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Learn more about what we're investigating by reading about what the following researchers are studying.
Matthew Barhight, MD
Dr. Barhight is a Pediatric Critical Care physician with an interest in acute kidney injury (AKI), a common cause of morbidity and mortality in critically ill children. AKI has been a research interest of his since his residency at Cincinnati Children's Hospital Medical Center. During his Pediatric Critical Care Fellowship at Children's Hospital Colorado, Dr. Barhight continued his research on AKI, and expanded his research portfolio to include fluid management in the critically ill child.
Meredith Bone, MD, MSCI
Dr. Meredith Bone is the Director of Office of Fellowship Programs for the Department of Pediatrics and the Program Director for the Pediatric Critical Care Medicine fellowship. She is an Assistant Professor in the Department of Pediatrics at Feinberg School of Medicine. Dr. Bone’s academic interests focus on professional and career development of faculty and medical trainees. Her clinical research interests include rehabilitation and mobility of Pediatric Intensive Care Unit patients as well as understanding the long-term outcomes of pediatric survivors of critical illness
Bria Coates, MD
Dr. Coates is a physician-scientist who specializes in the intersection between pediatric critical care medicine and inflammatory responses to illness. Her research explores differences in the inflammatory response to viral respiratory infections in children and adults with the goal of understanding why young children and elderly adults bear a disproportionate burden of morbidity and mortality associated with viral respiratory infections. Her lab is currently investigating the role of innate immune responses in influenza infections. These results may contribute to the broader understanding of innate immunity and its role in critical illness.
Sabrina Derrington, MD
Dr. Derrington is a critical care and palliative care practitioner at Lurie Children's, where she also chairs the Ethics Advisory Board. She has published articles that discuss the ethical challenges faced by physicians, patients, and families as they navigate communication and decision-making related to end-of-life care, life-sustaining treatment, prognostication, and participation in genomic research. Her present course of research examines ethical and clinical domains for promoting health equity and addressing health disparities in the care of critically ill children.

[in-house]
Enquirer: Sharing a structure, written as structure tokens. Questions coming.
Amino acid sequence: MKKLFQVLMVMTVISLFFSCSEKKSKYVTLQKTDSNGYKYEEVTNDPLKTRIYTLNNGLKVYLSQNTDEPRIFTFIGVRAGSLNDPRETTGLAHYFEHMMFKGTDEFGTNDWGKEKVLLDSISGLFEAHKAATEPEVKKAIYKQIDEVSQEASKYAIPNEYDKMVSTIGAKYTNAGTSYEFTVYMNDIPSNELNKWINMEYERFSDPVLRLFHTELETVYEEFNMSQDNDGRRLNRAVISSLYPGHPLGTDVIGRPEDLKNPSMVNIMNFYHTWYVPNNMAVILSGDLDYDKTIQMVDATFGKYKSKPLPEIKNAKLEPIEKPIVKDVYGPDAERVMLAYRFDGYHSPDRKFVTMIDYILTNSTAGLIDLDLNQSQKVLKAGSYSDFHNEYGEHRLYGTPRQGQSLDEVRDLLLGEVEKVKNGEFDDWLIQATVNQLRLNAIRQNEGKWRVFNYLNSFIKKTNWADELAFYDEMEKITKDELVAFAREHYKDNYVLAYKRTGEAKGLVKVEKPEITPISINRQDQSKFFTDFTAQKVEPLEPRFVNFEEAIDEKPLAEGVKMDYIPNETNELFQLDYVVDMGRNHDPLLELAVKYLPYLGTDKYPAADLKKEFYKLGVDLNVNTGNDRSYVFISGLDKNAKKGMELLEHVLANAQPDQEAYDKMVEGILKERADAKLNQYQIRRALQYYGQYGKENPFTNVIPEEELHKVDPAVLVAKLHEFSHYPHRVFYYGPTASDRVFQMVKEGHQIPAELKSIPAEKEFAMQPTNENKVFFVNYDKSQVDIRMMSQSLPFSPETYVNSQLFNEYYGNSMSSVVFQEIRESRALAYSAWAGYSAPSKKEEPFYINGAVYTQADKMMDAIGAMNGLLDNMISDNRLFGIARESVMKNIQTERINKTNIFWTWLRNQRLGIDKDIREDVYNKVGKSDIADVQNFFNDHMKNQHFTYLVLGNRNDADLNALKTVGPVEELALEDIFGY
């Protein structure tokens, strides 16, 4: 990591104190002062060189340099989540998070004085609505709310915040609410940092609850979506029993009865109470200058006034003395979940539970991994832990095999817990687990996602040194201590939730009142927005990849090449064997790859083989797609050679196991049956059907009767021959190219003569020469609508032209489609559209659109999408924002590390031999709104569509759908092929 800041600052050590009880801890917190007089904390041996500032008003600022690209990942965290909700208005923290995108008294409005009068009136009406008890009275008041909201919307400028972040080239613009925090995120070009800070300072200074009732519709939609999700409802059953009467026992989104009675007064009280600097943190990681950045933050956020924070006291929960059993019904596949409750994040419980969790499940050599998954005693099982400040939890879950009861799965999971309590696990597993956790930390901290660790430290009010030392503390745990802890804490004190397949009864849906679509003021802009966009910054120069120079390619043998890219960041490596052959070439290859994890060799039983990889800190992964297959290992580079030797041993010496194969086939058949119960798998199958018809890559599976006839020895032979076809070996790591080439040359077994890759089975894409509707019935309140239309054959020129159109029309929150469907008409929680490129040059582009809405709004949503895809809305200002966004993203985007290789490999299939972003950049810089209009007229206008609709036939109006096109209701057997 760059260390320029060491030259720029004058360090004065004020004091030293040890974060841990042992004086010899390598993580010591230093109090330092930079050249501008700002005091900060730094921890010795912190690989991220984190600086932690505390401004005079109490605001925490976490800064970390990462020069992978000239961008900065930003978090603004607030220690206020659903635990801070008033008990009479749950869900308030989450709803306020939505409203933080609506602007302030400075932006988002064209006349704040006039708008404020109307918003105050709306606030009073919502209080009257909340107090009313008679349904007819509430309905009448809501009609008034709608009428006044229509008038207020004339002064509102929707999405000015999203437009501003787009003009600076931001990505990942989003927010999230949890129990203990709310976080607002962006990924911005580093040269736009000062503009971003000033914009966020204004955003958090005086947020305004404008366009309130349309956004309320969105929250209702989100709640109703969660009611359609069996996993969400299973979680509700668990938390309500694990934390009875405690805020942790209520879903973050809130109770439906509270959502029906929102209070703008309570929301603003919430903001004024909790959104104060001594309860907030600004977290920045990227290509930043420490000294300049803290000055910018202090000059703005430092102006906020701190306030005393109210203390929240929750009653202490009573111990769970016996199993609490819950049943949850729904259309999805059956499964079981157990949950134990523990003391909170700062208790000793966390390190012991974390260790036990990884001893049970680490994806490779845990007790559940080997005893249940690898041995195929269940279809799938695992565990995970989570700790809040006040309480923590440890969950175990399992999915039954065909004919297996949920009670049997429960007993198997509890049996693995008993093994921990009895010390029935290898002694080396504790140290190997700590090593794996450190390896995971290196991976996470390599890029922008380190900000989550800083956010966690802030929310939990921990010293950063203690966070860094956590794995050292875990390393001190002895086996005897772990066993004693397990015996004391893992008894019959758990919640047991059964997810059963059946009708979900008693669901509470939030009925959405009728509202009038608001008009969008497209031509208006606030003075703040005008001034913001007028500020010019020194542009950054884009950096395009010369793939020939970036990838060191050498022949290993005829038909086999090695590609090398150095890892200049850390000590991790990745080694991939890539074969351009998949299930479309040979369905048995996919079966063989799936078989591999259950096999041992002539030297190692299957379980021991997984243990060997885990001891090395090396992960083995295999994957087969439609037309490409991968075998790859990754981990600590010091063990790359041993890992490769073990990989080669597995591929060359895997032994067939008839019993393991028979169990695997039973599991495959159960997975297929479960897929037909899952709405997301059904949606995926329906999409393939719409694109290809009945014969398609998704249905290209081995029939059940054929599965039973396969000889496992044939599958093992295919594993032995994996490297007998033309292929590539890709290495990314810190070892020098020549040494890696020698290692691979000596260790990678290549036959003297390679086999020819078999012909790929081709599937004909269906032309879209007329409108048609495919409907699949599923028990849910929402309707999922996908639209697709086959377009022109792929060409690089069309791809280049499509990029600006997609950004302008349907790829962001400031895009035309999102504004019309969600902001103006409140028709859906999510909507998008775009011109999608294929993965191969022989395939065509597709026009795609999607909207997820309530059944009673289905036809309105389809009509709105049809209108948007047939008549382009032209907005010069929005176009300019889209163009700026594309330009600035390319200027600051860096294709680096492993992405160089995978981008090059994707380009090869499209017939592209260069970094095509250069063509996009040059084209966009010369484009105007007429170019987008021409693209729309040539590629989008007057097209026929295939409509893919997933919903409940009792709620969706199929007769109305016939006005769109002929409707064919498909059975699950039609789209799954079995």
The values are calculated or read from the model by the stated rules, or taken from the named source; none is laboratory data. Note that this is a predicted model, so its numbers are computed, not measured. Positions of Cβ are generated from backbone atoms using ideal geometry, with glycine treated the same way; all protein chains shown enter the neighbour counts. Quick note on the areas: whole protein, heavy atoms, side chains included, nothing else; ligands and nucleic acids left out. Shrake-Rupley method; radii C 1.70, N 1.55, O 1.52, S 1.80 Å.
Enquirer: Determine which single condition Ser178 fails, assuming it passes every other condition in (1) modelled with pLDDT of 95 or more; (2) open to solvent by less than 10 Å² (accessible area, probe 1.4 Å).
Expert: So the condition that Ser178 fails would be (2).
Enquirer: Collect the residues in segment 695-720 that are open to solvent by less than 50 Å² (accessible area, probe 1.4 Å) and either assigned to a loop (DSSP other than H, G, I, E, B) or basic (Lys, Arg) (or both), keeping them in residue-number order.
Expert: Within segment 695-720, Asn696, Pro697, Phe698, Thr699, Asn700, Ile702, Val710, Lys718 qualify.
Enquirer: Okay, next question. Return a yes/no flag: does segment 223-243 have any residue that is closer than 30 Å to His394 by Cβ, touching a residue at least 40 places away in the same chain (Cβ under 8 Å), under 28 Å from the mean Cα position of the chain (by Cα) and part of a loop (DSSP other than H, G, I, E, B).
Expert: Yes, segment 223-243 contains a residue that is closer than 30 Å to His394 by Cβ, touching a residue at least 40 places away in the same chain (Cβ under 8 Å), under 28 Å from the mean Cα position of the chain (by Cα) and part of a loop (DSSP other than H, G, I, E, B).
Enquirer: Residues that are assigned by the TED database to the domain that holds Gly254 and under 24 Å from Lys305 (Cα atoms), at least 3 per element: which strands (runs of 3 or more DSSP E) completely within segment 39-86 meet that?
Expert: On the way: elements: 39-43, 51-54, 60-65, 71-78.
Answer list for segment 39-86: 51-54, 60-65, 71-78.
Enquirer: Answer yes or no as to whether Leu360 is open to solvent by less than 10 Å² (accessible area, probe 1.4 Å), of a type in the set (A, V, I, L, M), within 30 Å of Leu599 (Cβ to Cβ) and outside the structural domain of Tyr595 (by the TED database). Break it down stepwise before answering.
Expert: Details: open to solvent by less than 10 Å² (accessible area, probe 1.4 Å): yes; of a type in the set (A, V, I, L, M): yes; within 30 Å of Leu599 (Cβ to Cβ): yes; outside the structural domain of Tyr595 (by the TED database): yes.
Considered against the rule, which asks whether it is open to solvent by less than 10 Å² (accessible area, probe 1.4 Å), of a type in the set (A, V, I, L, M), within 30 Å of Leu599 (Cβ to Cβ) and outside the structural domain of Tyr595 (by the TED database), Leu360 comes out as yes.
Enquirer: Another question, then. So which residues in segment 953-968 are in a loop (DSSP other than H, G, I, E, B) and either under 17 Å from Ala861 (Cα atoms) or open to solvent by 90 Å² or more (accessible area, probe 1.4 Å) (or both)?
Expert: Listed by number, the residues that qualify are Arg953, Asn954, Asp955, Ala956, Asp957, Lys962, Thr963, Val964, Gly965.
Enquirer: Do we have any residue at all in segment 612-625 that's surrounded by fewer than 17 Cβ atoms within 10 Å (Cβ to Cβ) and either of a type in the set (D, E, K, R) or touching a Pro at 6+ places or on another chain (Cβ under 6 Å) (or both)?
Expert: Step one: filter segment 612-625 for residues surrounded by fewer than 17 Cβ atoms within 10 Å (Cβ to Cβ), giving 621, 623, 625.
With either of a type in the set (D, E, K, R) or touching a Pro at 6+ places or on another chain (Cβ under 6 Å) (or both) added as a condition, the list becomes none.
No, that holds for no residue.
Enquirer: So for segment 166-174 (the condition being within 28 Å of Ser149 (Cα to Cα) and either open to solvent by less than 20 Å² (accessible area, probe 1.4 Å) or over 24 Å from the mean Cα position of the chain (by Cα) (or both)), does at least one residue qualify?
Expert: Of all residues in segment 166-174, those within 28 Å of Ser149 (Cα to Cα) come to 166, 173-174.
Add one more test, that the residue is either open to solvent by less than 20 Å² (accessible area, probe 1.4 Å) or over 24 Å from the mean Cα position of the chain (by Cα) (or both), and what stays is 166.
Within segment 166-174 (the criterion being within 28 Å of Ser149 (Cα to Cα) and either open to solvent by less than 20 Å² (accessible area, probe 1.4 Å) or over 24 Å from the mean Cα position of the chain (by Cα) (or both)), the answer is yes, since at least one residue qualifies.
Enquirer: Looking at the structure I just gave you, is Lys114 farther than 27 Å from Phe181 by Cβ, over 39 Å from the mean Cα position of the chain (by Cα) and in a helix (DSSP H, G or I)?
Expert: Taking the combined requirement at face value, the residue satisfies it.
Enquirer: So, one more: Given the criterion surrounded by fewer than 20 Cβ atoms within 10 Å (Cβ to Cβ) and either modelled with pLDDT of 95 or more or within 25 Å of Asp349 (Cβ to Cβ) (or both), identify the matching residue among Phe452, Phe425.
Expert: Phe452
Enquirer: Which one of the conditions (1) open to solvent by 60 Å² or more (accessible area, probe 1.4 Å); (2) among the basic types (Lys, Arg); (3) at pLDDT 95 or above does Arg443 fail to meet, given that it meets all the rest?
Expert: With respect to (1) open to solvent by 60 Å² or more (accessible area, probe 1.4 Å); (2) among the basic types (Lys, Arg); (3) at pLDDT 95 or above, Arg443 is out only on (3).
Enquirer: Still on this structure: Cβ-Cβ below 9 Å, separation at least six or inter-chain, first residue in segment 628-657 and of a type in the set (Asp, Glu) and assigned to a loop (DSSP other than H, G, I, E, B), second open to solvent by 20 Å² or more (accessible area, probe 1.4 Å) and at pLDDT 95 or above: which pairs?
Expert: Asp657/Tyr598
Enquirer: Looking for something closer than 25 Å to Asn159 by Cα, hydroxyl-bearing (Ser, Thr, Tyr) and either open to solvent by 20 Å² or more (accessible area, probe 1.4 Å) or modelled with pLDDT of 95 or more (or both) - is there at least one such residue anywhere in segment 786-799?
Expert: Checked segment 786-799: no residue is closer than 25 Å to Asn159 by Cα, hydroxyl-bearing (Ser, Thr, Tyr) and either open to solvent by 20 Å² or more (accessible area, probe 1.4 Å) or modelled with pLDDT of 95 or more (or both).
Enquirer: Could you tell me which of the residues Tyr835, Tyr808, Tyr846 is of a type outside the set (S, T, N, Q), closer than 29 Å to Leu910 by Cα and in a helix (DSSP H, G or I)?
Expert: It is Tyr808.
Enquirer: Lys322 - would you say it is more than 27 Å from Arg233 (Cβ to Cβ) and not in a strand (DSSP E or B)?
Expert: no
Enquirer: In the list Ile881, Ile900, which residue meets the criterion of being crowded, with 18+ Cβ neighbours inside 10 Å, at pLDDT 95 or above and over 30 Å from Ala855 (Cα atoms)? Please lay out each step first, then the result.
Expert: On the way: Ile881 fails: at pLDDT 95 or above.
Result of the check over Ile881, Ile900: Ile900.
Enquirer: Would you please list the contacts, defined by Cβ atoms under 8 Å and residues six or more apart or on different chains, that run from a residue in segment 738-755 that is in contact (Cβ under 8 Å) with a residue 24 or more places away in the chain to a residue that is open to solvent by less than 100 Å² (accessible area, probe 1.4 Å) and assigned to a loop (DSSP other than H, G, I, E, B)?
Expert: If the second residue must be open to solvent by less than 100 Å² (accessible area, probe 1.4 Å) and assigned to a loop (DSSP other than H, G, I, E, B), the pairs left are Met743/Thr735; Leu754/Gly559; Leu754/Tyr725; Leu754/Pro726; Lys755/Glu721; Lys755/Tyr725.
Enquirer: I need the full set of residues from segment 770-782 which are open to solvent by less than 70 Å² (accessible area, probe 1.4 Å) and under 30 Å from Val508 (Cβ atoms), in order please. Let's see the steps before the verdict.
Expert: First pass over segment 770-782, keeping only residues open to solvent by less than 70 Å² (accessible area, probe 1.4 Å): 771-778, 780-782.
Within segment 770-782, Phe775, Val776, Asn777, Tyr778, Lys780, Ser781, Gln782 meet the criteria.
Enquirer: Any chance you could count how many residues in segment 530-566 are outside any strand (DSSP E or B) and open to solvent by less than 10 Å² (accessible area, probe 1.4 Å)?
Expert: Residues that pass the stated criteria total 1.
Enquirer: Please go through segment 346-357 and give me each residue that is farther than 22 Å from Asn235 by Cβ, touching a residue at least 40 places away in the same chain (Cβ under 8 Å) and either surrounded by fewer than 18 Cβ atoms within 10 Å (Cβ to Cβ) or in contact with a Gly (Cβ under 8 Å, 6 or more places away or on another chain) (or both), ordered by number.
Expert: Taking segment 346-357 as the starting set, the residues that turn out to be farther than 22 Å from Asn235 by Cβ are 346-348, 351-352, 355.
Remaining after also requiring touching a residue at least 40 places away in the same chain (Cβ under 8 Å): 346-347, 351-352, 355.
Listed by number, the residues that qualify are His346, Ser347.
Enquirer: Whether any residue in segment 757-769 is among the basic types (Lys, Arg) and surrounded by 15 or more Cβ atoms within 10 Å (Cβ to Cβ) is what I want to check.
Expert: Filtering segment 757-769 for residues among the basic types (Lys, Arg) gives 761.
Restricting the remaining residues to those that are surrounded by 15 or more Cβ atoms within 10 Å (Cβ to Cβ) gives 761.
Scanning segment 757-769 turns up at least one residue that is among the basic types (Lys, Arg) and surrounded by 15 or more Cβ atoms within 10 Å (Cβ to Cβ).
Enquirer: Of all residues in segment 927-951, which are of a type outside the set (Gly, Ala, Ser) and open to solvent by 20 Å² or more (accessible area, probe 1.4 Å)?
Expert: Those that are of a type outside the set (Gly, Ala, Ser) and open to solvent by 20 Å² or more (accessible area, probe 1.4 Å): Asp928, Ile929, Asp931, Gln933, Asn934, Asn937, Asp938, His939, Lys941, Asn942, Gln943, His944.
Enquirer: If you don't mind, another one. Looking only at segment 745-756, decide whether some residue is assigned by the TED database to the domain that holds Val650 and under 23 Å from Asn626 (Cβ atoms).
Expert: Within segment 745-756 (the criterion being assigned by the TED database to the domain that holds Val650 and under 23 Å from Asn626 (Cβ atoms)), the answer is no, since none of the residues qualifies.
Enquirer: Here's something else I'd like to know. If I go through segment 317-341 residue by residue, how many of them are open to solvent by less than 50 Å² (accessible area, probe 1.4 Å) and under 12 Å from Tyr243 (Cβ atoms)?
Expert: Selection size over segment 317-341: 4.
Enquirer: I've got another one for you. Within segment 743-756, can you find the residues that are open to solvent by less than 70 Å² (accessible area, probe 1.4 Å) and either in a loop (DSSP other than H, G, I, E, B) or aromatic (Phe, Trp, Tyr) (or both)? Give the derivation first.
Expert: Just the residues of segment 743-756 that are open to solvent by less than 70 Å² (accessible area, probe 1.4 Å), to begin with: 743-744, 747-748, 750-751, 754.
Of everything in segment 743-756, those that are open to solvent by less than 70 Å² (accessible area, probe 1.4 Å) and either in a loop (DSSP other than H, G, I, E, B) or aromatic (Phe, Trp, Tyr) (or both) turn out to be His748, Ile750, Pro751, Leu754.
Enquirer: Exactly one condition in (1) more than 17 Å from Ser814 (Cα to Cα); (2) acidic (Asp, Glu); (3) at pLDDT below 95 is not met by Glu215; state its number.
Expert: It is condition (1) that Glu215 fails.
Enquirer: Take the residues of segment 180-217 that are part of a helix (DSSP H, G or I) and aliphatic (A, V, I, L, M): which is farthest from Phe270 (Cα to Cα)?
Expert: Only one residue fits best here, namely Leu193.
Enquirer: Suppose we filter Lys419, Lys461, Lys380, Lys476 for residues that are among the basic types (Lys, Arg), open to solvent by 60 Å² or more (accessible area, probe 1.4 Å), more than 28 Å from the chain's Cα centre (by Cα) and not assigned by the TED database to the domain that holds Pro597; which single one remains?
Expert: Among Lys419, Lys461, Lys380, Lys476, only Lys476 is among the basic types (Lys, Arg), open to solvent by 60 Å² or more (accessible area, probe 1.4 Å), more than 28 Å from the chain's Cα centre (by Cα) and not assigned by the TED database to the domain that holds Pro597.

Conrad Epting, MD
Dr. Conrad Epting has a research background in neuronal cell differentiation, pulmonary hypertension on the basis of pulmonary vascular disease, skeletal muscle repair and regeneration, parasitic infections causing myocarditis, and a primary research focus on pediatric heart failure. His collaborative research team hopes to promote cardiac repair through manipulation of resident heart cells impacted by the epigenetics of age and heart failure. He is the director of the Cardiac Biorepository, a research biobank to stimulate collaborative science and the Fontan Futures program, a clinical initiative preserving heart tissue and stem cells from patients with critical congenital heart disease.
Sue Hong Routson, MD
Dr. Sue Hong Routson is a pediatric critical care and neurocritical care physician at Lurie Children’s. Her research interests include non-invasive neurologic monitoring and cerebral autoregulation in neurologic injury. Currently, she is involved in Quality Improvement projects in the PICU regarding CLABSI reduction and blood culturing algorithms, and the use of transcranial ultrasonography to monitor cerebrovascular blood flow changes in neurologic injury.
Marcelo Malakooti, MD
The research of Dr. Marcelo Malakooti is focused on using Innovation to improve patient outcomes and quality of care, while fostering dynamic strategies to minimize waste and optimize resources. In particular, he is interested in building innovative strategies and platforms for novel idea generation, solutions for costly system processes, and creative approaches to forwarding patient safety and quality. Dr. Malakooti is the Director of the IGNITE PICU Innovation Center, which brings together diverse experts to help solve problems affecting the healthcare of the unique PICU patient population.